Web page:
Court sets aside hunting permits issued by Ezemvelo

2015-06-10 11:31
Ezemvelo KZN wildlife

Ezemvelo KZN wildlife

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THE Pietermaritzburg high court yesterday set aside hunting permits issued by Ezemvelo KZN Wildlife to a man who allegedly falsely signed as “the landowner” of the game reserve where the hunting was to take place.
The court order was obtained by Makhasa Reserve CC, which operates the Makhasa Game Lodge on state-owned land near Hluhluwe which it leases in terms of an agreement with the KZN Nature Conservation Board/Service.
Businessman Robin Barnes, who is a trustee of the company that runs Makhasa (Acorn Trust), said the man who applied for the permits, Zwelinzima Gumede, lives outside the reserve and is not connected in any way to the game reserve.
He submitted “ulterior motives” had been behind the granting of the permits.
Barnes said the Trust had entered into a lease agreement with the KZN Conservation Board/Service in 2001 in terms of which they developed the property as a game reserve, constructed a 16-bed rest camp for paying guests and two bush camps to accommodate walking parties.
It was stipulated that no more than four hunts (each lasting no more than five days) would take place on the property each year. In addition, they (the tenants) had first refusal in respect of any hunt offered by the KZN Nature Conservation authority.
The reserve had to be given at least 10 months’ notice before a hunt.
On February 24, manager Hanroe Taljaard reported that Gumede (and three men he introduced as hunters and “honoured guests”) arrived at the gate and asked to be “shown around”.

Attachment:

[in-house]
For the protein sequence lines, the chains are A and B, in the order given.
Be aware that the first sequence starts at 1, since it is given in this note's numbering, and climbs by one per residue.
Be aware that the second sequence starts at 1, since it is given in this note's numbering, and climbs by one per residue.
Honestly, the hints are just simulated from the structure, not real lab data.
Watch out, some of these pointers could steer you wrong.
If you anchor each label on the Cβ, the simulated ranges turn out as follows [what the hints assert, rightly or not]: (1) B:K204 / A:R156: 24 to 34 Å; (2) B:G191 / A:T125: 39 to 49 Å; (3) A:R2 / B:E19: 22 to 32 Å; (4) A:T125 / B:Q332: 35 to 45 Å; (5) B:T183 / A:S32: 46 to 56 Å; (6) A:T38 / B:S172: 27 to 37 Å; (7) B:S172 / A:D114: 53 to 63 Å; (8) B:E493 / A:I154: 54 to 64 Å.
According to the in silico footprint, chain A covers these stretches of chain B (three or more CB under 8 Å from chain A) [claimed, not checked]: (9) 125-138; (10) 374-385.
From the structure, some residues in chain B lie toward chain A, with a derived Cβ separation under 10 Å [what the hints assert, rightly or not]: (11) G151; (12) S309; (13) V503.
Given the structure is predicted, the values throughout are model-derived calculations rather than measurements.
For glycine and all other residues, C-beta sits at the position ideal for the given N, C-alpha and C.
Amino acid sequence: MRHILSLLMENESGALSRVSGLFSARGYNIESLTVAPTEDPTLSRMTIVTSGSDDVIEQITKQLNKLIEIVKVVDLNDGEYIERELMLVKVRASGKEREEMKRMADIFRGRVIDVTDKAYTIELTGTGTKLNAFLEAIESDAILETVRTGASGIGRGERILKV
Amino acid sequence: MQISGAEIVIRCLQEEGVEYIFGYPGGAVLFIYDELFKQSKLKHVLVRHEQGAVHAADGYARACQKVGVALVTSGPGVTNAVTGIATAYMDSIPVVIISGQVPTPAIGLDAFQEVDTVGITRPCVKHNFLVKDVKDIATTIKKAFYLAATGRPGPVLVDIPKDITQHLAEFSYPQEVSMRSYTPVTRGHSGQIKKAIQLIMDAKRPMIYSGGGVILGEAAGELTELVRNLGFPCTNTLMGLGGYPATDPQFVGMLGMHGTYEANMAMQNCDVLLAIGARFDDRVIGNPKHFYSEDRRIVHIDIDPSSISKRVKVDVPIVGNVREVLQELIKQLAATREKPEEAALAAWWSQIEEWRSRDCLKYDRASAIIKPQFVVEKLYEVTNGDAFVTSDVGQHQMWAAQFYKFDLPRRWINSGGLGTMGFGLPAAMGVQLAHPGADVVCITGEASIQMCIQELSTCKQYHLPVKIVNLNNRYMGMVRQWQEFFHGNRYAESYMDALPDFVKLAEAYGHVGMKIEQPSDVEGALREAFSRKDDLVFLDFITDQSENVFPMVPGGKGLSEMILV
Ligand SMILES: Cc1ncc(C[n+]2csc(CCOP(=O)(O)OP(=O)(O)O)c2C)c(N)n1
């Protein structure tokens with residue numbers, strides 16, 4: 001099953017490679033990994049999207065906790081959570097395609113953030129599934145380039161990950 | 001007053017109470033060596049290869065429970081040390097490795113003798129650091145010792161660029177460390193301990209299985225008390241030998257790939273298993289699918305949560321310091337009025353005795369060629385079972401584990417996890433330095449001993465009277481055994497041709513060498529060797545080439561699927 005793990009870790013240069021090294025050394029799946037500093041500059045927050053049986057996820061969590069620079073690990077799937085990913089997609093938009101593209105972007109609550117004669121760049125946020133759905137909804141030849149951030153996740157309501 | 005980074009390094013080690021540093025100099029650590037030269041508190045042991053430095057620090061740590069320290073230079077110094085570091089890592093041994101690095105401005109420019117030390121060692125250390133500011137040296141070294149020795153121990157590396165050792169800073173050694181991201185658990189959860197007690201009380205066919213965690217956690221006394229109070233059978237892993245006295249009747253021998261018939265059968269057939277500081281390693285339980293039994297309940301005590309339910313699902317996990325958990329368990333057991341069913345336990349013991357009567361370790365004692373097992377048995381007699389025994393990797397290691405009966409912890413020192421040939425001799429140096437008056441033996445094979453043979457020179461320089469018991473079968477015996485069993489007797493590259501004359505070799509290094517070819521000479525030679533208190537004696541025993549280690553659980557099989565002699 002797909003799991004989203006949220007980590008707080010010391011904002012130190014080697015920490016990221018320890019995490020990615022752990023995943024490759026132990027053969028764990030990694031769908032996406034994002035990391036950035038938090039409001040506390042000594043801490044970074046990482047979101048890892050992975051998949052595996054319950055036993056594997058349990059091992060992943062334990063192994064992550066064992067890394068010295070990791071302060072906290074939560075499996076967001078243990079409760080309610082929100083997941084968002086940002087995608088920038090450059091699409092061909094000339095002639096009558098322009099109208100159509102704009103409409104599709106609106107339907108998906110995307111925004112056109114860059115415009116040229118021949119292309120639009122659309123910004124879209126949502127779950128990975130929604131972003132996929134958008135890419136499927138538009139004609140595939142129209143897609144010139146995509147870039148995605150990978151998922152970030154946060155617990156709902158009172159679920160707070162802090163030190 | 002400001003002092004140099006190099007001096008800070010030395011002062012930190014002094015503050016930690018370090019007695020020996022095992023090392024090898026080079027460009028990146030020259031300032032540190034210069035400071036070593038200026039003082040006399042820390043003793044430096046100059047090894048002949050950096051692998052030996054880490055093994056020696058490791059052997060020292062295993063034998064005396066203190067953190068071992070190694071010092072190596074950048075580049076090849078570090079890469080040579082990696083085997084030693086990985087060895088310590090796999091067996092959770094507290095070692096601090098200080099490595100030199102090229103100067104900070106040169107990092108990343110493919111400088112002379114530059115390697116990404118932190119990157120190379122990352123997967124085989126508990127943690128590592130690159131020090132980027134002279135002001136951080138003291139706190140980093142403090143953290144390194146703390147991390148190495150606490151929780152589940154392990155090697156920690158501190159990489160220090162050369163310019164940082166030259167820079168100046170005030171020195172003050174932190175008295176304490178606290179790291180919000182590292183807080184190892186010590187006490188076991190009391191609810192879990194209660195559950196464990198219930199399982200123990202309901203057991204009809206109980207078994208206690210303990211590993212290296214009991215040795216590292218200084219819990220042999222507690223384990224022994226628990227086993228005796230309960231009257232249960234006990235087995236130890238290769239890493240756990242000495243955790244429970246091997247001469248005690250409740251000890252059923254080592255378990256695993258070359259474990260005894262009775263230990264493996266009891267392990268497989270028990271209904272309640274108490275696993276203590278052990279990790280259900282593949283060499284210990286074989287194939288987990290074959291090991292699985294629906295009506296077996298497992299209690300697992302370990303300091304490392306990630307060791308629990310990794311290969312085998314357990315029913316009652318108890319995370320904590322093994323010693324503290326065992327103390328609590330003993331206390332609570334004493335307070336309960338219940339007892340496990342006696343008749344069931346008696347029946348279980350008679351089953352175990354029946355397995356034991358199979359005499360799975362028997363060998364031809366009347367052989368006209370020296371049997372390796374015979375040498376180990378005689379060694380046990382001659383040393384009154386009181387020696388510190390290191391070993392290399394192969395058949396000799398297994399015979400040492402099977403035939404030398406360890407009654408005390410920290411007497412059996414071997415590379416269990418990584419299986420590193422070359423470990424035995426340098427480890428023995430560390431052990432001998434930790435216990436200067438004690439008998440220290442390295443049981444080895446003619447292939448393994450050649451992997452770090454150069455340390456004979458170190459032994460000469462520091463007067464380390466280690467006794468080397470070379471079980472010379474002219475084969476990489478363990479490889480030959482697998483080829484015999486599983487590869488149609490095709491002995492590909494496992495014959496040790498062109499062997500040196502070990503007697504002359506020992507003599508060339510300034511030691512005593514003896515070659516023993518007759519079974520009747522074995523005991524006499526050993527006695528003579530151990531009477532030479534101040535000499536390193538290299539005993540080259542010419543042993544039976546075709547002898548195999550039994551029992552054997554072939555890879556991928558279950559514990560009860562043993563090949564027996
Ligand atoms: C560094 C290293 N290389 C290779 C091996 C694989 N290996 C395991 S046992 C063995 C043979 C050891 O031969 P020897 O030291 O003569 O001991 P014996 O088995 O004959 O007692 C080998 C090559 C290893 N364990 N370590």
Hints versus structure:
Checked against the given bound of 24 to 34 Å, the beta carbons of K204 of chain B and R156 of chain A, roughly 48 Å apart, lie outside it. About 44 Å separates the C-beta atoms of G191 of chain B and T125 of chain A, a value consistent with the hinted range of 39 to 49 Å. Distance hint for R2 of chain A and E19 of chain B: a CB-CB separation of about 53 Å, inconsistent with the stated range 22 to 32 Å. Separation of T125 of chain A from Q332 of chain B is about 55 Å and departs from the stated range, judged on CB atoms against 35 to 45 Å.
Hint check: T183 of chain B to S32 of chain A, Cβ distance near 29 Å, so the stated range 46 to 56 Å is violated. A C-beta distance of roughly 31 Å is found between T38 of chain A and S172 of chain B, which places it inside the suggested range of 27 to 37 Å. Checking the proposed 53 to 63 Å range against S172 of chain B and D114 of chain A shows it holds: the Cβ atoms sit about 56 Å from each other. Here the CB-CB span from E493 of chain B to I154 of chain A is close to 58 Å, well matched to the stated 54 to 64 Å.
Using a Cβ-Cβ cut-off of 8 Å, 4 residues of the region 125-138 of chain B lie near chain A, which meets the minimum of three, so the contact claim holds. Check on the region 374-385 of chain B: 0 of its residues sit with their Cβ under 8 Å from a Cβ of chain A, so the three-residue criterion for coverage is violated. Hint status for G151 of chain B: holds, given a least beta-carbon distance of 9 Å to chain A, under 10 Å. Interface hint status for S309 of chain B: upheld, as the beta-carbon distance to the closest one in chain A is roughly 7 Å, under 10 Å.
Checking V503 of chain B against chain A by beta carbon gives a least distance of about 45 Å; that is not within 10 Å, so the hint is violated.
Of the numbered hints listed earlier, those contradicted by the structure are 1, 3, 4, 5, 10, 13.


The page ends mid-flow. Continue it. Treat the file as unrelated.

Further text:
Barnes said one of the men, Rassie Erasmus (of Rasland African Ventures) told Taljaard he was looking for potential places to hunt in the area.
Barnes said on April 15, Erasmus called Taljaard, asking about the availability of accommodation at Makhasa.
He had said he wanted to bring a group of hunters to the property the following week, and that he had “already been issued permits by KZN Wildlife” allowing him to hunt on the property.
During the same period another man, William Barnes, also contacted Taljaard claiming to have a permit from EKZNW to capture 200 nyala on the property.
Robin Barnes said he was “shocked”.
Initially he couldn’t confirm if permits were indeed issued, but after his attorney wrote a letter, Noelene Marshall of EKZNW’s Professional Hunting and Permits Regulatory Service Department replied. She attached copies of three permits that had been issued in respect of applications signed for by Gumede “as landowner”.
Barnes said the permits allowed hunting of game in the game reserve between March 3 and December 31, 2015.
As the open season for hunting is from May 1 to August 31, the permits therefore even allowed hunting in the closed season. They also included permission to hunt, not just ordinary game, but protected game (buffalo, nyala, red duiker, blue wildebeest, zebra, and warthog), and specially protected game (giraffe and suni antelope).
A separate permit gave permission for the capture and removal of 200 nyala, which Barnes said would destroy the reserve’s breeding stock.
He said Makhasa caters for eco-tourists and if the public found out hunting was taking place it would destroy the business.
He also said buffalo are “notoriously dangerous” to hunt and such a hunt could place patrons at risk of harm or even death.
Judge Sharmaine Balton granted an order setting aside the permits.
Read more on:    ezemvelo kzn wildlife  |  court

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